:)
     
  9. JJ_Maxx
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    JJ_Maxx Banned

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    Obviously, you would need to lay the groundwork beforehand.

    ASL is about a lot more than hand movements. It combines facial expressions and body movements to create a whole picture.

    I would use 'she signed'.

    Example:

    Her hands moved faster, as a tear rolled down her cheek. "I am not going to leave you!" she signed.

    Something like that.

    ~ J. J.
     
  10. blenderpie
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    blenderpie Member

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    How is writing her signing as if she is speaking lazy? Sign language (at least my knowledge of ASL) has a much different word order than English, so a literal translation wouldn't make much sense to anyone unfamiliar with sign language.
     
  11. Cogito
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    Cogito Former Mod, Retired Supporter Contributor

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    When you translate, you translate the sense of what is spoken, not the literal word-for-word translation. By making it clear she is signing, you accept that the translation will be "smoothed".

    You treat it as dialogue, pure and simple. There's no need to worry about the exact mechanism, unless it is material to the story.
     
  12. PeterC
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    PeterC Active Member

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    I'm not sure if this is a good suggestion but what about putting her "speech" in italics to remind the reader that it is a kind of translation? Of course you'd have to establish that convention first. I've been toying around with a scene that involves two people conversing through a translator and I used this technique. It seemed to work fine but maybe it's just a terrible thing.
     
  13. JJ_Maxx
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    JJ_Maxx Banned

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    This is where I will put my usual, 'Don't use fancy fontery to convey information, use your writing.' ;)

    ~ J. J.
     
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  14. mammamaia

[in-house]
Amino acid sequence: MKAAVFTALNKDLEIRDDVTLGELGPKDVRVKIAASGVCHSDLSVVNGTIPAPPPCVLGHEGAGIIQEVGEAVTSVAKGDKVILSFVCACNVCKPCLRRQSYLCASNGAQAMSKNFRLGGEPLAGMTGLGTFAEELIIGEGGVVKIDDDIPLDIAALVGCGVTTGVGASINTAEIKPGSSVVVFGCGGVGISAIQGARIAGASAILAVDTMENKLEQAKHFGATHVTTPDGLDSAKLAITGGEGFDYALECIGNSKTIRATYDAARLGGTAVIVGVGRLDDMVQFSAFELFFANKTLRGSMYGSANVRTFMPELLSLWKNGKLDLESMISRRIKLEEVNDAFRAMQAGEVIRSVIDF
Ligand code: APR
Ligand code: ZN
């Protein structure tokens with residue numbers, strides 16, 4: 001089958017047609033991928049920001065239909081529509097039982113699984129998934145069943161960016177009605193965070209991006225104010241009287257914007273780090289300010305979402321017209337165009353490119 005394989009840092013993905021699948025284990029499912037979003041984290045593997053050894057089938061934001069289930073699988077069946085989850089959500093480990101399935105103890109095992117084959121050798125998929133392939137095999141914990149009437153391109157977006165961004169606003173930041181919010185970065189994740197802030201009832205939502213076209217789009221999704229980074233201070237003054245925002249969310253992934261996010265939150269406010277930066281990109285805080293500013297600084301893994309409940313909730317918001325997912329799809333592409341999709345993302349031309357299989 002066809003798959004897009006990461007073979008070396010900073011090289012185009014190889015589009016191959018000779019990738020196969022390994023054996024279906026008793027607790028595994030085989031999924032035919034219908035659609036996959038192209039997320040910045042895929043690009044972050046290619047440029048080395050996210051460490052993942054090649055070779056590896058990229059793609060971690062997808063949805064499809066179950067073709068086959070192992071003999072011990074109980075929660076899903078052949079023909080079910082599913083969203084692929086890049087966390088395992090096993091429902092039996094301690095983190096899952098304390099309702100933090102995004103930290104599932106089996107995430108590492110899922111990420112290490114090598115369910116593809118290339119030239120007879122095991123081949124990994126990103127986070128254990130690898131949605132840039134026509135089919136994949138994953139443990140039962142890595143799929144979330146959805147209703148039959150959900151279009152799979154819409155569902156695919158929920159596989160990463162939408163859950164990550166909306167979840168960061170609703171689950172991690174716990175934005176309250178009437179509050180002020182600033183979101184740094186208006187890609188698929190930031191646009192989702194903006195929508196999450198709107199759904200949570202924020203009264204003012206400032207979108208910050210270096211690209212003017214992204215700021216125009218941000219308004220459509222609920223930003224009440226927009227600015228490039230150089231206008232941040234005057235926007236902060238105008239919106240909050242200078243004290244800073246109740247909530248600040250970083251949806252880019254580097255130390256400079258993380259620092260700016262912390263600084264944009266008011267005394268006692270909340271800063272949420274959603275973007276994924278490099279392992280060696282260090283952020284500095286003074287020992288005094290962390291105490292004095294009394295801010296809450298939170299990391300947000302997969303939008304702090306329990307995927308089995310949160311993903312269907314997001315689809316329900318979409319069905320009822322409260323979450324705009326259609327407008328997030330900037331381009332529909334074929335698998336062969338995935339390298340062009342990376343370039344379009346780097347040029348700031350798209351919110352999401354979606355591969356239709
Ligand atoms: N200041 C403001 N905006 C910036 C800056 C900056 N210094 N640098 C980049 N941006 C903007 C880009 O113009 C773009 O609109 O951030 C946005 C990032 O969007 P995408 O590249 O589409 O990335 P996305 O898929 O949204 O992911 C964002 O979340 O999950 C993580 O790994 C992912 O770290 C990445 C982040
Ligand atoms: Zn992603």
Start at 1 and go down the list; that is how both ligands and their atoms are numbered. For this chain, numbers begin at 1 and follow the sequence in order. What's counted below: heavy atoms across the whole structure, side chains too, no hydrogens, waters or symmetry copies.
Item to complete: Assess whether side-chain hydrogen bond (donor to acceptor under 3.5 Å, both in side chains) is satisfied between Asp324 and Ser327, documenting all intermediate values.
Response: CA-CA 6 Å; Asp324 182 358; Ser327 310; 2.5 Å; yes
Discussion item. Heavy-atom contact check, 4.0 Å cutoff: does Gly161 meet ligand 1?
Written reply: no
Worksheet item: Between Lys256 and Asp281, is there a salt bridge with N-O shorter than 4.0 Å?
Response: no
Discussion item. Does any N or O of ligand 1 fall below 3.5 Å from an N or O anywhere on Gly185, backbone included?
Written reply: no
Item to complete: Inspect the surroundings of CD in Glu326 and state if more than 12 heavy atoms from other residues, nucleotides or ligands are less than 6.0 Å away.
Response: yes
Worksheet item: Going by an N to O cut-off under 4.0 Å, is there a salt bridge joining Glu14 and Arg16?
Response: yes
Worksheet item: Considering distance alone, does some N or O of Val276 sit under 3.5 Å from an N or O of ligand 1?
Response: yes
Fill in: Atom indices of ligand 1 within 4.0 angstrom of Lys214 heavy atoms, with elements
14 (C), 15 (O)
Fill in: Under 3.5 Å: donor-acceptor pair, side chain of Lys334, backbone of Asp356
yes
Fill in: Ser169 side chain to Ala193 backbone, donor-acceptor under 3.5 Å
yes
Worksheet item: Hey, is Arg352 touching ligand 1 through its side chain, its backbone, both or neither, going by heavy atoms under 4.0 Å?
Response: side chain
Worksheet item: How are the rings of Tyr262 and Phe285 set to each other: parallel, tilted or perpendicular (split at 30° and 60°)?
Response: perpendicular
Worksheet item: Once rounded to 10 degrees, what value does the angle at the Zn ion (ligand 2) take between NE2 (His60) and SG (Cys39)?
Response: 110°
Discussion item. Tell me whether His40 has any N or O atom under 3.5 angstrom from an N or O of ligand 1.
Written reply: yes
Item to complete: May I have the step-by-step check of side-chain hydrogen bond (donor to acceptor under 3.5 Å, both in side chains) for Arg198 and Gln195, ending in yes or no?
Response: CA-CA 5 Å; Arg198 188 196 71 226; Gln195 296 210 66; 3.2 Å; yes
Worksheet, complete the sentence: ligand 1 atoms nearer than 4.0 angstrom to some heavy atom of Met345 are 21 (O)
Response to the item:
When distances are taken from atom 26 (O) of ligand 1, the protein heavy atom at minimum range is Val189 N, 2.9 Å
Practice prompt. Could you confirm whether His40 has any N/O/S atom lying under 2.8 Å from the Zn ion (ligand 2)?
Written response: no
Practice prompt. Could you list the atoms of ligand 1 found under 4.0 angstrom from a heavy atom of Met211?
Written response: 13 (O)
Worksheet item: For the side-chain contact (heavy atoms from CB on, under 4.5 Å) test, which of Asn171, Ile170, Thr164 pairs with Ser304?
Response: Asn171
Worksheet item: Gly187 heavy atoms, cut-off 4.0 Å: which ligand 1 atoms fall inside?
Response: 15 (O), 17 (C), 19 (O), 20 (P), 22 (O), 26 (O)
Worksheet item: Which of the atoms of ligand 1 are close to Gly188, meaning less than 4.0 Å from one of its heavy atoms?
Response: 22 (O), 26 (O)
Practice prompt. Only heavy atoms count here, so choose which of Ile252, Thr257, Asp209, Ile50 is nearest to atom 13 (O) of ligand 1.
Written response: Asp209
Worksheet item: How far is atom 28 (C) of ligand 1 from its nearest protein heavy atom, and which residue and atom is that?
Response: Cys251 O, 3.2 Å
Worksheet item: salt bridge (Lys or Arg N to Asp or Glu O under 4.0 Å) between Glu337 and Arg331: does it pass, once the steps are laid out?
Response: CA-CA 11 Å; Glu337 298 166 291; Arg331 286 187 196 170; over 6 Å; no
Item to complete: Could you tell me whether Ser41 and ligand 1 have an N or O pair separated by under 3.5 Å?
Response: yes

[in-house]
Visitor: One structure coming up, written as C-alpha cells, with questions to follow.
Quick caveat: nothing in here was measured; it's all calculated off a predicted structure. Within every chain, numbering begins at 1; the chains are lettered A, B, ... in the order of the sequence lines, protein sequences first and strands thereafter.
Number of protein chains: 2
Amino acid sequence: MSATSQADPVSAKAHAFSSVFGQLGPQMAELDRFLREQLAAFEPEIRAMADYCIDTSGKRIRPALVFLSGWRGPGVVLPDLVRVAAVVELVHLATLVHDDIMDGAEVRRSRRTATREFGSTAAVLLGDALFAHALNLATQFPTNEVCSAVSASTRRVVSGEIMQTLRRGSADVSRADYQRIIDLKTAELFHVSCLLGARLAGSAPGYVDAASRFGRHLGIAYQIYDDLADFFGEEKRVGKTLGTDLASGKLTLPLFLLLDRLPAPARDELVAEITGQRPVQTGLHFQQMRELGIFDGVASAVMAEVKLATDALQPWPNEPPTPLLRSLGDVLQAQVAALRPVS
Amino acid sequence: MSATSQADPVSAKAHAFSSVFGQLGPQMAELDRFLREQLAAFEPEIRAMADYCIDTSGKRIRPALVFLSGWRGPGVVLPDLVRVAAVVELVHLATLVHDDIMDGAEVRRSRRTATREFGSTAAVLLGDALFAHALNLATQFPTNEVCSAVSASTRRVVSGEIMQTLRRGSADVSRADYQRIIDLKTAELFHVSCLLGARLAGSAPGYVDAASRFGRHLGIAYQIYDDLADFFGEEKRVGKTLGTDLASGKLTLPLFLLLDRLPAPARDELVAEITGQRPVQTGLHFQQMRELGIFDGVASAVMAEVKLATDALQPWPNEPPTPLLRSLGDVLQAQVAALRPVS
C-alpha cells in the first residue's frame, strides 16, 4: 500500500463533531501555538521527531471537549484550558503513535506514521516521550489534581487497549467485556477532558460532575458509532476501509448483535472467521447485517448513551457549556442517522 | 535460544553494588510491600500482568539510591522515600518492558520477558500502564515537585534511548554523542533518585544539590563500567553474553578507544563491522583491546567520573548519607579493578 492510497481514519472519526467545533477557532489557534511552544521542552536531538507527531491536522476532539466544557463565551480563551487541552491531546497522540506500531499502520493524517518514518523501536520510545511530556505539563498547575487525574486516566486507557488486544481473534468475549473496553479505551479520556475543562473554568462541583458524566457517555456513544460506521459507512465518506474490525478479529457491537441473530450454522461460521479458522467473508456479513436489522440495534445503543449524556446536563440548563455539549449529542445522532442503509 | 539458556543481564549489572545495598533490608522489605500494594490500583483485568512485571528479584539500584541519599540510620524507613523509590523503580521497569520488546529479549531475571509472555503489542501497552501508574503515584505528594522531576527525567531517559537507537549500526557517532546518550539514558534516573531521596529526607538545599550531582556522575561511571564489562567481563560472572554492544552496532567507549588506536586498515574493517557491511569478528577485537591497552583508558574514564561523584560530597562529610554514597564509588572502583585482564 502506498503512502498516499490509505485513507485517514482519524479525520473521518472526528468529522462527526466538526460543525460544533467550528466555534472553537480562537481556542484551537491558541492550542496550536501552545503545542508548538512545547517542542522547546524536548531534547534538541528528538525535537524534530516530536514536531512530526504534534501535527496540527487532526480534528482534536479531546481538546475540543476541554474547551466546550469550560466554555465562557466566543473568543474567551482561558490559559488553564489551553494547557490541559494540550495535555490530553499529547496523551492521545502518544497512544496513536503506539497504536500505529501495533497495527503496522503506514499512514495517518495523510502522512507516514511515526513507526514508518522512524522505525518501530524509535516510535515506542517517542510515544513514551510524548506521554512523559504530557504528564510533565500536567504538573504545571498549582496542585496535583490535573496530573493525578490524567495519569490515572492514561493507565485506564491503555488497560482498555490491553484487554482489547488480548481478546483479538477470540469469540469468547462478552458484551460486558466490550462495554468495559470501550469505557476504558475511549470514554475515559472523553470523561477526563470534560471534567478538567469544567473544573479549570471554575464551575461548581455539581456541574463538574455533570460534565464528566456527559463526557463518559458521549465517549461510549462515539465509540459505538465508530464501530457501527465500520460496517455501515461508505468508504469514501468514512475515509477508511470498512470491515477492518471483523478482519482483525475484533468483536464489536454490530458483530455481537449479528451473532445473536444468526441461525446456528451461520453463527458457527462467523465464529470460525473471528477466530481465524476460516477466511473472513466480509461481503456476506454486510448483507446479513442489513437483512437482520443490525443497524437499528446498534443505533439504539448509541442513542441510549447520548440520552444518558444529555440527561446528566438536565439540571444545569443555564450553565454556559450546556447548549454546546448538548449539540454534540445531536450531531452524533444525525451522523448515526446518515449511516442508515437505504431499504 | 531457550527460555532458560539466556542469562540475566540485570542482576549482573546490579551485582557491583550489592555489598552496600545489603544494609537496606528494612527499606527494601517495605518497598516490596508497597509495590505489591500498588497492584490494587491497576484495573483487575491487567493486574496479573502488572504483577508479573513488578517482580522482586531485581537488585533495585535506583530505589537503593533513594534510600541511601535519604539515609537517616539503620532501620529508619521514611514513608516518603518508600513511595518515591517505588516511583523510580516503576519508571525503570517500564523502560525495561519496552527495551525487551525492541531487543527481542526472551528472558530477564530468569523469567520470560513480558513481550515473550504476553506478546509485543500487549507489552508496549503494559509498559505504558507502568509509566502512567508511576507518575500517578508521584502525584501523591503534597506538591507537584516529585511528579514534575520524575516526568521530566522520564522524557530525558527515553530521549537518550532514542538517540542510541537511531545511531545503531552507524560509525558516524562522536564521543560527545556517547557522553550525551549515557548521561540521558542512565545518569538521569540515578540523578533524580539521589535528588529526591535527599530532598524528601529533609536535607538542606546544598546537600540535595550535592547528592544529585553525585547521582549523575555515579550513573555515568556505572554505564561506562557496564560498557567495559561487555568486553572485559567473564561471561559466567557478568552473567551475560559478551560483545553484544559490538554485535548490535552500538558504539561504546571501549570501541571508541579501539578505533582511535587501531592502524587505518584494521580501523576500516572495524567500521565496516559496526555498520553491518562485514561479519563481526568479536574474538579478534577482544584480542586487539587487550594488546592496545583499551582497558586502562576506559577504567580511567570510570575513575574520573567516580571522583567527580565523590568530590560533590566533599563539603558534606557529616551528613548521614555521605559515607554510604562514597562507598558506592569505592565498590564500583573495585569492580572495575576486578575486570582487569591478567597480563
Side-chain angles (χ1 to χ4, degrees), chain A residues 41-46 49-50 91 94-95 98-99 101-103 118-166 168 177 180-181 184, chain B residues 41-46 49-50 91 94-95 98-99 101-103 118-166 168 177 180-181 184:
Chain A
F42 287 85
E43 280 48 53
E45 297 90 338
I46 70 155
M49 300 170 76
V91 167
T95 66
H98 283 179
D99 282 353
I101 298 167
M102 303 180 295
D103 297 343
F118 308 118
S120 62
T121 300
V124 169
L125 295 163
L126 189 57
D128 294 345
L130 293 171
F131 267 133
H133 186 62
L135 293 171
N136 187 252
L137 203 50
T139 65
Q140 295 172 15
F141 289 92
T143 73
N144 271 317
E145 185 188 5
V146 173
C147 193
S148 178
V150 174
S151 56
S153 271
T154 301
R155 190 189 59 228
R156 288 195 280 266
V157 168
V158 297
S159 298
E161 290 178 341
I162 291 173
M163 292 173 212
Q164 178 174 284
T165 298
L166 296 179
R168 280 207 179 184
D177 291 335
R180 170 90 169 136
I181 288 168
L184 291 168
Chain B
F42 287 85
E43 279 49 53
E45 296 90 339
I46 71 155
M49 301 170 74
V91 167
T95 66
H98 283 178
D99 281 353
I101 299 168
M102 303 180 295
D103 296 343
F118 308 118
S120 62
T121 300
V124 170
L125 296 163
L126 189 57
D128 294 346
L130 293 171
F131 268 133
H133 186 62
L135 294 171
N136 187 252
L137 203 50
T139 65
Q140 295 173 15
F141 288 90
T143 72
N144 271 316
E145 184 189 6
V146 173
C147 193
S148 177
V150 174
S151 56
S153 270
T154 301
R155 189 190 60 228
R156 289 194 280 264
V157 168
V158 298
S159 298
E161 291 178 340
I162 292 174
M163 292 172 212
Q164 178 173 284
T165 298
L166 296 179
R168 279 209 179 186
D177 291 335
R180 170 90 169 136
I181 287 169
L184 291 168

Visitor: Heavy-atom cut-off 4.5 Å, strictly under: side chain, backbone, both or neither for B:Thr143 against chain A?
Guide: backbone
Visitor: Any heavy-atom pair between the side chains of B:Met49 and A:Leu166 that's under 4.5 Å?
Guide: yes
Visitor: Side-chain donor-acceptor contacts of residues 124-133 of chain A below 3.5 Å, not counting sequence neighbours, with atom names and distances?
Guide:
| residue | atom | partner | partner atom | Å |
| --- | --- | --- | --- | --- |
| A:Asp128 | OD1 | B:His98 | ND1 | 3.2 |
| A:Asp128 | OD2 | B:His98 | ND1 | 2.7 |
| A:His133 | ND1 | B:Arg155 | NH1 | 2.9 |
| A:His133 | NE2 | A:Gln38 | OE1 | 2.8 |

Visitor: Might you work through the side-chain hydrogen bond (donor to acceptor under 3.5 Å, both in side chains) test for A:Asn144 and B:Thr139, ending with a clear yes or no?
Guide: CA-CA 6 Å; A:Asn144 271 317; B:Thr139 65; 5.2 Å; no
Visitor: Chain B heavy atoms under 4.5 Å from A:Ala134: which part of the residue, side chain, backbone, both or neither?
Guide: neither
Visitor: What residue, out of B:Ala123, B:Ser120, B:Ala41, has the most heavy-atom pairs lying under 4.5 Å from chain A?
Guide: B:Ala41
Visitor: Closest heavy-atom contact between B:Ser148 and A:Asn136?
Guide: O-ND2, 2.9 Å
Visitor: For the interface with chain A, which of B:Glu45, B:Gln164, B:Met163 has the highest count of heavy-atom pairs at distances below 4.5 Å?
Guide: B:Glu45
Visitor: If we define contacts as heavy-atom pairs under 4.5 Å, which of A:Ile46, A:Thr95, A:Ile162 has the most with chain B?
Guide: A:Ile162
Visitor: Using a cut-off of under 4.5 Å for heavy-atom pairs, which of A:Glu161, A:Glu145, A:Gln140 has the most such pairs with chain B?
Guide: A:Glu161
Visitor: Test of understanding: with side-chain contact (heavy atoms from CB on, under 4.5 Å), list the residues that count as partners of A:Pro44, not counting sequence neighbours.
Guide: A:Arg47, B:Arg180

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    mammamaia nit-picker-in-chief Contributor

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    ditto that... and i'm happy to see my term coinage has become a 'standard'!
     
  15. Paradigm-shift
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    Paradigm-shift Member

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    Ok that what I was looking for, Now what if as stated above this deaf person can speak a little, what would a conversation look like when she speaks and signs her words.
     
  16. Cogito
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    Cogito Former Mod, Retired Supporter Contributor

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    The obvious answer is to use tags: she said vs she signed.

    But don't micro-manage. If it isn't important that the reader know by which manner the message is conveyed, don't bother specifying it.
     
  17. Paradigm-shift
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    thanks cogito, your insight is very helpful.

    One of the biggest things I struggle with is switching from 1st person to 3rd person writing, adding a deaf has added another layer to that.
     
  18. Amin
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    Amin Member

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    This is an interesting topic. I went to Uni with some deaf people and I found that when conversing with people who can hear, they often inter-mix verbal communication with BSL (British Sign Language). I think this is because it was second nature to use sign language so it just happened as a habit.
    Another thing to consider is those who are picky about talking. I had a friend who was completely deaf and could speak very quietly but she sort of squeaked it out, almost like she was singing a pianissimo, high note. Because of this, she would only speak to certain people and the others she would mime or sign (often requiring an interpretting friend for the other person). Your character might only speak to those she is most comfortable around.
    If it is unnecessary then don't give your story the extra padding, but it you think it would add some interest then it could be fun to write.